In the context of local planning, lessons have been learned in North Lanarkshire Council as a result of the Gartcosh and Glenboig example: the local authority has acknowledged that the community growth area model is unlikely to be repeated.

Our population is ever growing and development is much needed. However, as I have said, development requires to be sympathetic to the needs of existing communities and the people who will become part of those communities. I am satisfied that new legislation and guidance will be robust enough to address the issues that are raised in the petition.

On the committee’s possible courses of action, I recommend that you raise the issue with the Local Government and Communities Committee for consideration as part of its scrutiny of the draft national planning framework 4.

This is a good outcome for the petitioner. The issues that affect Gartcosh and Glenboig affect the whole country and should be highlighted at national level.

I reassure the association and the “Save Stepps green belt” campaign group in the north of my constituency, which I mentioned when the committee discussed the petition previously, that, as restrictions to do with the pandemic are eased, I am looking at how we can set up a cross-party round-table event on the issues that both groups have raised with me.

I hope that that was helpful to the committee.

The Convener

Thank you, Fulton, and I forgive you for advertising your local constituency work.

The role of the Public Petitions Committee is to consider the general, national issues that are flagged up by people’s experiences. We recognise that the petitioner has been given the opportunity to flag up the issue at an individual level; we must consider whether we can ensure that such concerns and experiences are addressed at national level.

I welcome your view that it is intended that new legislation and guidance will address such direct experience, and I agree that we want the Local Government and Communities Committee to be aware of the issues as it progresses its work, particularly its scrutiny of the draft NPF4.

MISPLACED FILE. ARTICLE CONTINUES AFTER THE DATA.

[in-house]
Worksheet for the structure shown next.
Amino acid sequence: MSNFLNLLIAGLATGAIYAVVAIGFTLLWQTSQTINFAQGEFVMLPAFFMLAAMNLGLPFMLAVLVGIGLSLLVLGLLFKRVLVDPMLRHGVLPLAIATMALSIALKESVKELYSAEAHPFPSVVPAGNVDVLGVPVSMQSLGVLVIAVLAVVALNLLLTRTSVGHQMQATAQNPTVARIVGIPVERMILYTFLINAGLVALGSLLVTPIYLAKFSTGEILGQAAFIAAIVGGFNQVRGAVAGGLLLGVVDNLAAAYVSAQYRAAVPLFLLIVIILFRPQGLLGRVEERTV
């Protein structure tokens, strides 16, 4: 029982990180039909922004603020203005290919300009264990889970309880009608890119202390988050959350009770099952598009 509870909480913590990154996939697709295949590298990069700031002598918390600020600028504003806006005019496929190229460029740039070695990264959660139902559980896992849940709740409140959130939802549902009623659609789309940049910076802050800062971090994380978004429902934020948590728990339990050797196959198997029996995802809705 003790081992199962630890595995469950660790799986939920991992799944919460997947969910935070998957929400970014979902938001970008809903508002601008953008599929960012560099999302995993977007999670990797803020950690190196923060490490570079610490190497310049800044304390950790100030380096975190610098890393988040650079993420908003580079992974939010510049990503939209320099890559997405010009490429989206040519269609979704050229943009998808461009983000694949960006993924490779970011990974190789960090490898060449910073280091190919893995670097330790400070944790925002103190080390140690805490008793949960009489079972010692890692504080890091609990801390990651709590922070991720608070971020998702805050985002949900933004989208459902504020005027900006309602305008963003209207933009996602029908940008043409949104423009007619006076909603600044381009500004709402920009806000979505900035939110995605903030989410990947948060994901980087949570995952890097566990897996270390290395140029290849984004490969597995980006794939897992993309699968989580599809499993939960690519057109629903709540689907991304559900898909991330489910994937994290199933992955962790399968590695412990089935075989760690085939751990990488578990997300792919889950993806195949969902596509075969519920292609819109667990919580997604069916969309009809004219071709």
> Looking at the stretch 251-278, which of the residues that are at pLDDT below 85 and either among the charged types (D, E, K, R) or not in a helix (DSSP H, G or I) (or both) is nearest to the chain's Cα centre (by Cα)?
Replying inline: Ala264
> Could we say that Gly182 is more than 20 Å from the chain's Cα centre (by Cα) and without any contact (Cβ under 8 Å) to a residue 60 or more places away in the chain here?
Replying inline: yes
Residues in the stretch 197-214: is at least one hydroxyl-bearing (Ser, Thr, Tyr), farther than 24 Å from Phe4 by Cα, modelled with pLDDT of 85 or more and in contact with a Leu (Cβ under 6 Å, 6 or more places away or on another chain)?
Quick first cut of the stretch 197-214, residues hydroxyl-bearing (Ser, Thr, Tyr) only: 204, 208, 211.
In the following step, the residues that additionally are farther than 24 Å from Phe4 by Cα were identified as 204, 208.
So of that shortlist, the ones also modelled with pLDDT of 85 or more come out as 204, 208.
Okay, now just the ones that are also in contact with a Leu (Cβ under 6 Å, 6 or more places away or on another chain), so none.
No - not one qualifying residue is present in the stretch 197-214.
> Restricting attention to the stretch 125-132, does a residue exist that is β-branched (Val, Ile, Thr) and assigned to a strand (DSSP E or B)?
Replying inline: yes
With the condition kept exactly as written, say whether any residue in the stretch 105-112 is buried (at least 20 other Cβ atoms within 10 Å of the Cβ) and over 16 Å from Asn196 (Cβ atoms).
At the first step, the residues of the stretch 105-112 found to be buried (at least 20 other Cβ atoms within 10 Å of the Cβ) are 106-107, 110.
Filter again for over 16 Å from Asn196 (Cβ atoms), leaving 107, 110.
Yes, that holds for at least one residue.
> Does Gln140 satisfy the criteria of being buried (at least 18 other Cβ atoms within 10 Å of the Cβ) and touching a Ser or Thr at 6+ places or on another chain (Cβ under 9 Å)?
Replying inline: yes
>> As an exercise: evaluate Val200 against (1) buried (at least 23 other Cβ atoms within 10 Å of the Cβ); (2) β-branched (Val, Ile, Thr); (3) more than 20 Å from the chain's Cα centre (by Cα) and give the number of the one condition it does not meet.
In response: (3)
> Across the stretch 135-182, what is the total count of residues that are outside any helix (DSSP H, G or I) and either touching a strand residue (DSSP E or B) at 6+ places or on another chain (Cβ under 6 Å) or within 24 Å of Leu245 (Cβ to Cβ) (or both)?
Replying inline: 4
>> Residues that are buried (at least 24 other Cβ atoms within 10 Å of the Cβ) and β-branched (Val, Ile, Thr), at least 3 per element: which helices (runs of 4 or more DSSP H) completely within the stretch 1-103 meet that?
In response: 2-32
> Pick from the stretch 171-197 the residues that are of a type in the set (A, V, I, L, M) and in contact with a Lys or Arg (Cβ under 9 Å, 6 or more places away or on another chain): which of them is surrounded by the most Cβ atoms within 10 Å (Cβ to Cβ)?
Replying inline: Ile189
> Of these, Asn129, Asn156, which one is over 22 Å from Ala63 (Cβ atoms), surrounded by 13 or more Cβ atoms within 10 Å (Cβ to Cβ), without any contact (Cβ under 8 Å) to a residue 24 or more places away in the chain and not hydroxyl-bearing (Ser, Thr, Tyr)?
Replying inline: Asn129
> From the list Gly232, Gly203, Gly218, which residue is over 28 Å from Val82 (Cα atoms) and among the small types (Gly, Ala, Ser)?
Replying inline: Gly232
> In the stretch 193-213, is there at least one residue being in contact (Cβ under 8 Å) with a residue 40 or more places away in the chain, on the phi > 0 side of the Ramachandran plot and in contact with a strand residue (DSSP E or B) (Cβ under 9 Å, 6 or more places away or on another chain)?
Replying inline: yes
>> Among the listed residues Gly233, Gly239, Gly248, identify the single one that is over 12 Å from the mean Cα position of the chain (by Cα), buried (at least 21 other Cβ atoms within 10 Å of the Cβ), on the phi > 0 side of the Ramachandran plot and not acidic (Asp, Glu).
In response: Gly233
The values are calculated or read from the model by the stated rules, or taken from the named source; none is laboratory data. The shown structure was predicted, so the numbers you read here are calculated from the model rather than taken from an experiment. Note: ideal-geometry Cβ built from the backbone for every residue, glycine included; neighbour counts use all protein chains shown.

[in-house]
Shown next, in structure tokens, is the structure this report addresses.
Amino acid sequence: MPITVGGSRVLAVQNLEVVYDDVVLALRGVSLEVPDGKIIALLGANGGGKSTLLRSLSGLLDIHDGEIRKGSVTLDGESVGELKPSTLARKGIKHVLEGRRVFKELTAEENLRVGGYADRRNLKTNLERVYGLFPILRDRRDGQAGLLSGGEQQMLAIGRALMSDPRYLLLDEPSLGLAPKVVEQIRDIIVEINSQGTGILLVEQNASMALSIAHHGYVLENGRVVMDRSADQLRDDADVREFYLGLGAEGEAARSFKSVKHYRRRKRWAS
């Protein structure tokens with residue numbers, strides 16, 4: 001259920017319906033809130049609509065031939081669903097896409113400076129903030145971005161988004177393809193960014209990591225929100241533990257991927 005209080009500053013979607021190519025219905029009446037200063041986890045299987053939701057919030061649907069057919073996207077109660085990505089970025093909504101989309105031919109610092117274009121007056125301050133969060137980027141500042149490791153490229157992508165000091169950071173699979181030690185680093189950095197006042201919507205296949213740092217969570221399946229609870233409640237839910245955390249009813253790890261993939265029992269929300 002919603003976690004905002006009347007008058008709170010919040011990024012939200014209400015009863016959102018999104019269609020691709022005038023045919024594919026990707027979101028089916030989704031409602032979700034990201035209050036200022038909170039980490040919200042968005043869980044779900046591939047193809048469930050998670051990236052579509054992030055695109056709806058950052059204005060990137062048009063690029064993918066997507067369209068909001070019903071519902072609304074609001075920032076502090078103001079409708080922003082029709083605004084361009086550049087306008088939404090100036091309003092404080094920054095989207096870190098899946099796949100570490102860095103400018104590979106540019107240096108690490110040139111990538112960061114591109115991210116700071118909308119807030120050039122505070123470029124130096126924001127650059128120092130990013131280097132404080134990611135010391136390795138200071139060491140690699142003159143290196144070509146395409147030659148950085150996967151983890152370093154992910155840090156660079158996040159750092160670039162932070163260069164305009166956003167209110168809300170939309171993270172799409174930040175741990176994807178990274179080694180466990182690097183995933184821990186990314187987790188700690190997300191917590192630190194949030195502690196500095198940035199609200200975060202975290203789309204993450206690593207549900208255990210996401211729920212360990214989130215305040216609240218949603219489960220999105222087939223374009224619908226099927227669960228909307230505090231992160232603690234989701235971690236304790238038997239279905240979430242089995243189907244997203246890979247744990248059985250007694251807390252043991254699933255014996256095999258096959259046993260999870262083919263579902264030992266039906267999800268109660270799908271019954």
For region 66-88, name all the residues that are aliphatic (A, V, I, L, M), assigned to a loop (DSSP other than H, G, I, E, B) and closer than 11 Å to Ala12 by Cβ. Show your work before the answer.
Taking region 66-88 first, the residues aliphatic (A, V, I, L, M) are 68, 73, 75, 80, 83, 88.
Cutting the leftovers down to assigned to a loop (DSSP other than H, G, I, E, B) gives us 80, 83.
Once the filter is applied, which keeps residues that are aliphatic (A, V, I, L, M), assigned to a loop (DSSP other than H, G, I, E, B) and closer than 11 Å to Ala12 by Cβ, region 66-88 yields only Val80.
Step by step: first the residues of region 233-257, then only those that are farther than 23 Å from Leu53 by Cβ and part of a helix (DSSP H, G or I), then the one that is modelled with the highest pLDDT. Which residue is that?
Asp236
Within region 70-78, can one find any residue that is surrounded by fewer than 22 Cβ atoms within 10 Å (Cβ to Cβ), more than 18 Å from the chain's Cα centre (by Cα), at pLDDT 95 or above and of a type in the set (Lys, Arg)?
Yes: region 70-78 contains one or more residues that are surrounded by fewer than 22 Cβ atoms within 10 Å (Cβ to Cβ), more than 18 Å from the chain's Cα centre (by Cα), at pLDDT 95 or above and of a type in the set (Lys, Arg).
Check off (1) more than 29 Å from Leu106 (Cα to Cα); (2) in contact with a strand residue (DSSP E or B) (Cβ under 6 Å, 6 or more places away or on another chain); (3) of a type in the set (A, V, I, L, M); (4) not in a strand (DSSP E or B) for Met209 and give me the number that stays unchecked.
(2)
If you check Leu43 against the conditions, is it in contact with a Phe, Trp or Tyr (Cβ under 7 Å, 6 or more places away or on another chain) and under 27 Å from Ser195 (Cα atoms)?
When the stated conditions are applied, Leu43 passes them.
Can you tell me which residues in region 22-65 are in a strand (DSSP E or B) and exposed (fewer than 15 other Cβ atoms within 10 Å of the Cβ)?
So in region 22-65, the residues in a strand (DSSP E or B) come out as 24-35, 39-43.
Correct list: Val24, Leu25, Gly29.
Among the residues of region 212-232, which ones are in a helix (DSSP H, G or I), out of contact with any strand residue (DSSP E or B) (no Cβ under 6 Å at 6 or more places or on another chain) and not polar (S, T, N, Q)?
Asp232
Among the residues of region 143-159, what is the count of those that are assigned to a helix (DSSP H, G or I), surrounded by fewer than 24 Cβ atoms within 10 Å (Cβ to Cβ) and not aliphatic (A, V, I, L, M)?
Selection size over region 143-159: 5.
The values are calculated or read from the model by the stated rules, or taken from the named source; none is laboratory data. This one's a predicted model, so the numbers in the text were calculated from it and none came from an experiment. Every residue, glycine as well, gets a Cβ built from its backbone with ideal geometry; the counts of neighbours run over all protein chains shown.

I invite members’ comments.

Maurice Corry

I thank Fulton MacGregor for his input, which was interesting. I am seeing more such action from local communities in the West Scotland region, as sizeable planning applications come in. I welcome the petitioner’s submission and all the comments that have been made.

I suggest that the committee write to the Local Government and Communities Committee to propose that it gives the matter consideration in the context of the preparation of NPF4. I also welcome Fulton MacGregor’s suggestion of a cross-party round table on the matter; it is an excellent idea, which I support.

Developments in communities are an issue that will come up more as a result of the Covid emergency. I welcome the comments and I implore that we submit the matter further up the line, to the Local Government and Communities Committee.

David Torrance

This is an issue for all local communities. Anyone who is an MSP has come across such matters, especially when planning applications have come through some of the small communities that we represent.

However, I would like to close the petition under standing orders rule 15.7, on the basis that new legislation and guidance are likely to tackle many of the issues that are highlighted in the petition. Like Maurice Corry, I think that we should write to the Local Government and Communities Committee to ensure that, in its scrutiny of the draft NPF4, it looks at and highlights all the issues that are raised by the petition.

Tom Mason

I remind the committee that, as well as being an MSP, I am a local councillor in Aberdeen, so I get involved in planning, one way or another.

My knowledge of planning goes back many years. One thing that I have found is that the population’s involvement at early stages of the planning process to make frameworks well discussed and robust is lacking, which means that people end up rebelling against the planning decisions—[Inaudible.]—when the applications come in. Anything that enhances the process of consultation at an early stage is advantageous.

Any points raised by the petition should be notified through and discussed by local government. Therefore, writing to the Local Government and Communities Committee to highlight the issues is important. It is also important to make sure that all the issues are continuously kept in high profile as the planning process takes place.

It is a very useful petition for having raised those issues. Notification of the petition to the Local Government and Communities Committee is important at this stage.

Gail Ross

I have little to add. I want to thank the petitioners and Fulton MacGregor. If the local MSP is satisfied, that is good enough for me. The petitioners have done a lot of good work.

I am content to write to the Local Government and Communities Committee to highlight the issues in the petition and to ensure that they are included in consideration of national planning framework 4, which is being worked towards. I am also content to close the petition.